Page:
“…My thoughts often fly back to that land, where the vine grows, eternally, under the vast mountain” Vananzio Clemenziano Fortunato, From “De Virtutibus Sancti Martini”
Stretching from Lake Garda in the west, Venice to the south, the Adriatic to the east and the alpine ski resort of Cortina d’Ampezzo in the north, Veneto is a large area. It’s also among the foremost wine-producing regions, both for quality and quantity, counting over 20 DOC zones. Many of its wines, are internationally known and appreciated.
Conegliano is a beautiful town crowned by a castle and heralded for its famous School of Viticulture and Enology of Conegliano G.B. Cerletti. Since the School’s founding in 1876, it has served as a hub for scientific and technological research by all modern Italian Enology.
Conegliano leads to many historic sites, including: the picturesque wine hamlet of Rollo; the village of Molinetto della Croda, where a historic river mill is still in operation; the Abbey of Follina, and the San Salvatore castle in Susegana, with its spectacular backdrop of the Alps. Area scenery is defined by vibrant valleys, verdant riverbanks, and steep, terraced hillsides laden with vines.
Due to the region’s location midway between the Alps and the Sea, Valdobbiadene is equally influenced by the Alpine breezes and the temperate, Adriatic air. This enviable position bestows it with a refreshingly cool climate, an abundance of sunny days and generous rainfall.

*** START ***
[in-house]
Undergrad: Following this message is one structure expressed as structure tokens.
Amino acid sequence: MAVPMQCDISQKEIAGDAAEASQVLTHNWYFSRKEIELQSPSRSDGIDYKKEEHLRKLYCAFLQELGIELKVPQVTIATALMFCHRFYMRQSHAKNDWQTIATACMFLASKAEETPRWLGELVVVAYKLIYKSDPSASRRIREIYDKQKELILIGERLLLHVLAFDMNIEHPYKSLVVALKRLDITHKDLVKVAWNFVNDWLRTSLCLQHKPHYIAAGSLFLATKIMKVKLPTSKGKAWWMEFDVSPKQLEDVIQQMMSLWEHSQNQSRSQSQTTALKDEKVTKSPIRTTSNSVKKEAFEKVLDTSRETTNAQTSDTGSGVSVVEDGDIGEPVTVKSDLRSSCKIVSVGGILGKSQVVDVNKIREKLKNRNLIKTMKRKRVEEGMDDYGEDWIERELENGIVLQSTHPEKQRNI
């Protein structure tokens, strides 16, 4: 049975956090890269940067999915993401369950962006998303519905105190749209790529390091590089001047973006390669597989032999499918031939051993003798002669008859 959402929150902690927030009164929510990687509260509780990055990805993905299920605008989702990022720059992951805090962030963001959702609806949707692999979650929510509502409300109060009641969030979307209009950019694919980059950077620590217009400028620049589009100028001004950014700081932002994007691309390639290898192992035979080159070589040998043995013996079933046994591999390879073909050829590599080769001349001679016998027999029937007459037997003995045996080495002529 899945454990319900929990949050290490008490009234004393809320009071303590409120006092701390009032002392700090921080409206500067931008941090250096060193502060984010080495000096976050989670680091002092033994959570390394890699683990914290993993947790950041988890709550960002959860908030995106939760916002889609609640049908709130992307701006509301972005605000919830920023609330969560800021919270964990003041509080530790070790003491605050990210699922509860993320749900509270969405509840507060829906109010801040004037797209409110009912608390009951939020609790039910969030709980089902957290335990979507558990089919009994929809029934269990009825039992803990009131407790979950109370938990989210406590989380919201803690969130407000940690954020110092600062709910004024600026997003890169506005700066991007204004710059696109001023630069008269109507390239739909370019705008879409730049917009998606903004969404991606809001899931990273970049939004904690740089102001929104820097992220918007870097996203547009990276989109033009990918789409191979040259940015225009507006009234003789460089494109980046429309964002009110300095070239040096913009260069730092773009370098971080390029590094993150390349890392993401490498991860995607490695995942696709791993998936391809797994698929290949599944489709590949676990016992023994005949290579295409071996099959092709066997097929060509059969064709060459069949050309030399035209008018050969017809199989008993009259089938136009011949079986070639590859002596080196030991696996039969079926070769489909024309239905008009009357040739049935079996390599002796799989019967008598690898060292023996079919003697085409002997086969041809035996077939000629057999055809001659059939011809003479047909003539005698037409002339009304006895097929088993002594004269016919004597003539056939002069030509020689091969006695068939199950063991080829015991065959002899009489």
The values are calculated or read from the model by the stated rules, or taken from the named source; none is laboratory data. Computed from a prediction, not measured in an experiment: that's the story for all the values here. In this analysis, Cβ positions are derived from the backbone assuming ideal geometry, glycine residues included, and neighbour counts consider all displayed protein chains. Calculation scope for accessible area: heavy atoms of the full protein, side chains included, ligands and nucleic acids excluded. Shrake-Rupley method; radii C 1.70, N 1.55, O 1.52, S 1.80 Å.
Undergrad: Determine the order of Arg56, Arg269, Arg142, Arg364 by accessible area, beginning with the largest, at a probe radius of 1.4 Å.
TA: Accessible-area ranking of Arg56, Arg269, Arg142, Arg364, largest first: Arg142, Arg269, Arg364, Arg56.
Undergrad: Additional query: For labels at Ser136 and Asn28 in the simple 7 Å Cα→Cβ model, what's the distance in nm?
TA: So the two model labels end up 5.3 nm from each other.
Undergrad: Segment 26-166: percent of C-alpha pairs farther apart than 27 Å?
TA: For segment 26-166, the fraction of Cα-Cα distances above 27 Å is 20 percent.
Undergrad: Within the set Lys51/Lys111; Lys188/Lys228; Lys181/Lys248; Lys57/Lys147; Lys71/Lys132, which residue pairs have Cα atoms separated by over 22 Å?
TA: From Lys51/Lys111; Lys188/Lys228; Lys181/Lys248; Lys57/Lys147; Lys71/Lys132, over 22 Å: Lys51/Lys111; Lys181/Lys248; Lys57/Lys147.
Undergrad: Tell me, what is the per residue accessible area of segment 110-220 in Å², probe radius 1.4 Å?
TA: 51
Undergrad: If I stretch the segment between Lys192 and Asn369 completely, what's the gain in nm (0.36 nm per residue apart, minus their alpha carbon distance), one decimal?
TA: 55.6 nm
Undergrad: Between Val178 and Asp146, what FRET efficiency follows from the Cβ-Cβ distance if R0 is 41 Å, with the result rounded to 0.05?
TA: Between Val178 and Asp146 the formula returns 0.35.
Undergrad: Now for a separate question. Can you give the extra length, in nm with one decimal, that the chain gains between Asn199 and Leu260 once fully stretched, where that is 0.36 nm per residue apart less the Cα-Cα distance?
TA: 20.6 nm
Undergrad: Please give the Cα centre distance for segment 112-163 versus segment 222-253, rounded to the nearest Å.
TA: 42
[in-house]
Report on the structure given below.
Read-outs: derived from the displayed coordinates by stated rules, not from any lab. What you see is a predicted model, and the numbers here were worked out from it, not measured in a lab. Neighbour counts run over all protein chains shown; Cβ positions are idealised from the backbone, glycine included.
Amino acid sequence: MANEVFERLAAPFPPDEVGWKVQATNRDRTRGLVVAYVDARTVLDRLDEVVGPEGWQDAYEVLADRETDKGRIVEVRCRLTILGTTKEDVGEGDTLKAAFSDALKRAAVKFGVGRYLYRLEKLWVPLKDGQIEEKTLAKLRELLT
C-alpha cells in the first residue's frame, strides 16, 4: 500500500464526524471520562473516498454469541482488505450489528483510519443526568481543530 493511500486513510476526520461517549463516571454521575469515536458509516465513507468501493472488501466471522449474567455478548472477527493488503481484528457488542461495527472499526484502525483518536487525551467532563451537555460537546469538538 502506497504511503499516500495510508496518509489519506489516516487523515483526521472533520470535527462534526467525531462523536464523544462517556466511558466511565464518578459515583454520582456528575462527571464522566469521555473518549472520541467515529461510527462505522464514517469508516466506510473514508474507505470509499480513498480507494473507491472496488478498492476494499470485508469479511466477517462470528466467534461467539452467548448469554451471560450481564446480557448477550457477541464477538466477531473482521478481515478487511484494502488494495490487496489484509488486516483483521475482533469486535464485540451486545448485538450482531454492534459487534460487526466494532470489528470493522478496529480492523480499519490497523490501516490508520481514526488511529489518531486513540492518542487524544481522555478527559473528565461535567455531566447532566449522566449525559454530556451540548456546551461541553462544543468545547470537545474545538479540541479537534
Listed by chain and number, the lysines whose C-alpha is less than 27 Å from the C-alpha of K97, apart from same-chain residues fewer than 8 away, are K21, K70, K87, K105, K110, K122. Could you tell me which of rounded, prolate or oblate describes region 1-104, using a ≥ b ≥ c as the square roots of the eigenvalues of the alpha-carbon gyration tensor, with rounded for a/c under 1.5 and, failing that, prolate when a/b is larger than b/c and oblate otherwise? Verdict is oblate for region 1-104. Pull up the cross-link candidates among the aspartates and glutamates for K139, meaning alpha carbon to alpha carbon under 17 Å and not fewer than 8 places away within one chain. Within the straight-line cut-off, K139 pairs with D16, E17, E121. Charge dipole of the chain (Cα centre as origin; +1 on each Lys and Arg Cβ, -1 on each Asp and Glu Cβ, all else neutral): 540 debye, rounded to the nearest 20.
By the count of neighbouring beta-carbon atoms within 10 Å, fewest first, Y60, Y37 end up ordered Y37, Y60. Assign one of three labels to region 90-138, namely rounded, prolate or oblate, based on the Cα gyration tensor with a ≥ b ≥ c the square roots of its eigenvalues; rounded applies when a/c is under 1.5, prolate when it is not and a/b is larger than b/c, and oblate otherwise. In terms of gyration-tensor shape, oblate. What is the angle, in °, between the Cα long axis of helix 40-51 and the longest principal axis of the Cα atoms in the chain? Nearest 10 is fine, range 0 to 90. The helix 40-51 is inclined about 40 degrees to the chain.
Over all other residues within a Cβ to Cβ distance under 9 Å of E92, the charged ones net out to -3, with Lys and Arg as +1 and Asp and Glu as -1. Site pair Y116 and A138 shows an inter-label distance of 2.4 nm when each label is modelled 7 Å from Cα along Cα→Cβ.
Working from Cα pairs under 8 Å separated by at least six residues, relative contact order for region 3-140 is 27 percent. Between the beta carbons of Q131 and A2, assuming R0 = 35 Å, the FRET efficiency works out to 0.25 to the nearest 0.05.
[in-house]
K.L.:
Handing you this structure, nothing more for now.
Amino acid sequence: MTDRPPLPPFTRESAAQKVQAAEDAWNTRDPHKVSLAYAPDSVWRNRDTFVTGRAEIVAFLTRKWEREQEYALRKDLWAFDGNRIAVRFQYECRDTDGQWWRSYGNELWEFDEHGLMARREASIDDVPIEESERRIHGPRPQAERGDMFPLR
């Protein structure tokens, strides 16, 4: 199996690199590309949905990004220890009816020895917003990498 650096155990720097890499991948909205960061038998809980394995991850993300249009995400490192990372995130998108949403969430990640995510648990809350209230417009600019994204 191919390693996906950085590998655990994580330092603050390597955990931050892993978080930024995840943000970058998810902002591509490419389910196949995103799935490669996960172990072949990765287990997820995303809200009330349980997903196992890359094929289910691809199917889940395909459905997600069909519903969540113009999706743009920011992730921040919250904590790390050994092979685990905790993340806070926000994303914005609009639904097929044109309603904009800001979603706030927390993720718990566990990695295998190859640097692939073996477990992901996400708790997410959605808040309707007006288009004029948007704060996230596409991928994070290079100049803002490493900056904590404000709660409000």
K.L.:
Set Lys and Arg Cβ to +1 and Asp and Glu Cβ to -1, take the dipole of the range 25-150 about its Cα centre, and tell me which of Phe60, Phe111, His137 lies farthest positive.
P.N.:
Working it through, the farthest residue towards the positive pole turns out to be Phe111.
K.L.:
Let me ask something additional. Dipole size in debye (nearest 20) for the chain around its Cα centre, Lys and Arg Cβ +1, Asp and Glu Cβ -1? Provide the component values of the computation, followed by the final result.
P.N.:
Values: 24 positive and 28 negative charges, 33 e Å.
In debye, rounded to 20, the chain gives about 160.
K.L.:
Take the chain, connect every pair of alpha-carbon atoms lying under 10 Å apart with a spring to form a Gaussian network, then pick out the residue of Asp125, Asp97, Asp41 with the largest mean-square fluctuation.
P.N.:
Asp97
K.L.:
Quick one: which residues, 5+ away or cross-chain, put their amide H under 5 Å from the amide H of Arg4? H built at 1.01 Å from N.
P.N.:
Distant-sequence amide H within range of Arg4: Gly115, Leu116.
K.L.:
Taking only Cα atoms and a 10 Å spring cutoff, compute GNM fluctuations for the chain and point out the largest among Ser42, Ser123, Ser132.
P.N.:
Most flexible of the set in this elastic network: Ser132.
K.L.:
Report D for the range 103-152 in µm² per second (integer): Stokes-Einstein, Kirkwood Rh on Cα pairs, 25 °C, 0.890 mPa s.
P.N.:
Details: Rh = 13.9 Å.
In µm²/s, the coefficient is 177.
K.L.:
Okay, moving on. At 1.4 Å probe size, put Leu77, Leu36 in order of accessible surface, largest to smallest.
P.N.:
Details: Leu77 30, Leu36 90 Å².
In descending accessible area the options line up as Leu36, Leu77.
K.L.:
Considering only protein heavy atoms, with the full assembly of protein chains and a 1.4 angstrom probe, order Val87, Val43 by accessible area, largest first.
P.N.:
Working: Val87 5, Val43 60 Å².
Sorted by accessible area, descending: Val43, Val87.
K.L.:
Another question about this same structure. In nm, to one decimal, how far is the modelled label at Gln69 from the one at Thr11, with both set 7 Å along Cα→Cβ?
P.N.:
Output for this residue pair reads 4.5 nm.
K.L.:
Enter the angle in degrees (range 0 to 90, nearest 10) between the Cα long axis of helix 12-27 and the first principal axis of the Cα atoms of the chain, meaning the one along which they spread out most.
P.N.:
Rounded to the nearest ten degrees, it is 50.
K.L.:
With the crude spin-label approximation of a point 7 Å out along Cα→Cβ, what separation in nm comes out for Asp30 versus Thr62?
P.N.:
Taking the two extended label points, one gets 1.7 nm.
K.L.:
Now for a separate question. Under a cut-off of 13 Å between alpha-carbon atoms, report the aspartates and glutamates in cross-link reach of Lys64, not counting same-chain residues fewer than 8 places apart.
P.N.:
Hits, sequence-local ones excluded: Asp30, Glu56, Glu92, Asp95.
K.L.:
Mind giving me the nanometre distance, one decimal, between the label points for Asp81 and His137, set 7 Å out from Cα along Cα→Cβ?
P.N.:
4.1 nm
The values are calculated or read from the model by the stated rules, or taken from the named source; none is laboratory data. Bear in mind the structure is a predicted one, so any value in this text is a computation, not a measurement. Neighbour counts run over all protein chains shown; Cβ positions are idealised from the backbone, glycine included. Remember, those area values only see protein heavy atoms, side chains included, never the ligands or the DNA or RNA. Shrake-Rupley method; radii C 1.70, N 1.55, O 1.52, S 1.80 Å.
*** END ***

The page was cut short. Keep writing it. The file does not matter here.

Soil consists of a varying mix of marl, clayey limestone, marine sandstone and rough clay. These combine to draw out Prosecco’s creamy, fresh peach notes, the wine’s signature aroma, (although Prosecco wines may also exhibit notes of citrus fruits, apple, pear, crusty bread, and almonds or hazelnuts).
Recently upgraded Conegliano-Valdobbiadene Prosecco Superior DOCG wines are principally made with the late-ripening white variety Prosecco. These can be blended with native grape varieties of Verdiso, Bianchetta, and Perera, and non-native grapes Pinot Bianco and Chardonnay.
Most Proseccos are blends, however there are single varietal Proseccos made with grapes from special crus.
It is reputed that the best Proseccos are from the Cartizze denomination, a select area of vineyards southwest of Valdobbiandene. Steep vineyards here have very low yields and produce wines considered more powerful and sweeter than other Proseccos.
A few still, dry Proseccos are also made, although the majority of the more than 250 million bottles produced annually are either semi-sparkling (frizzanti) or fully sparkling (spumanti).
It is usual for Prosecco wines to be released about a month after bottling.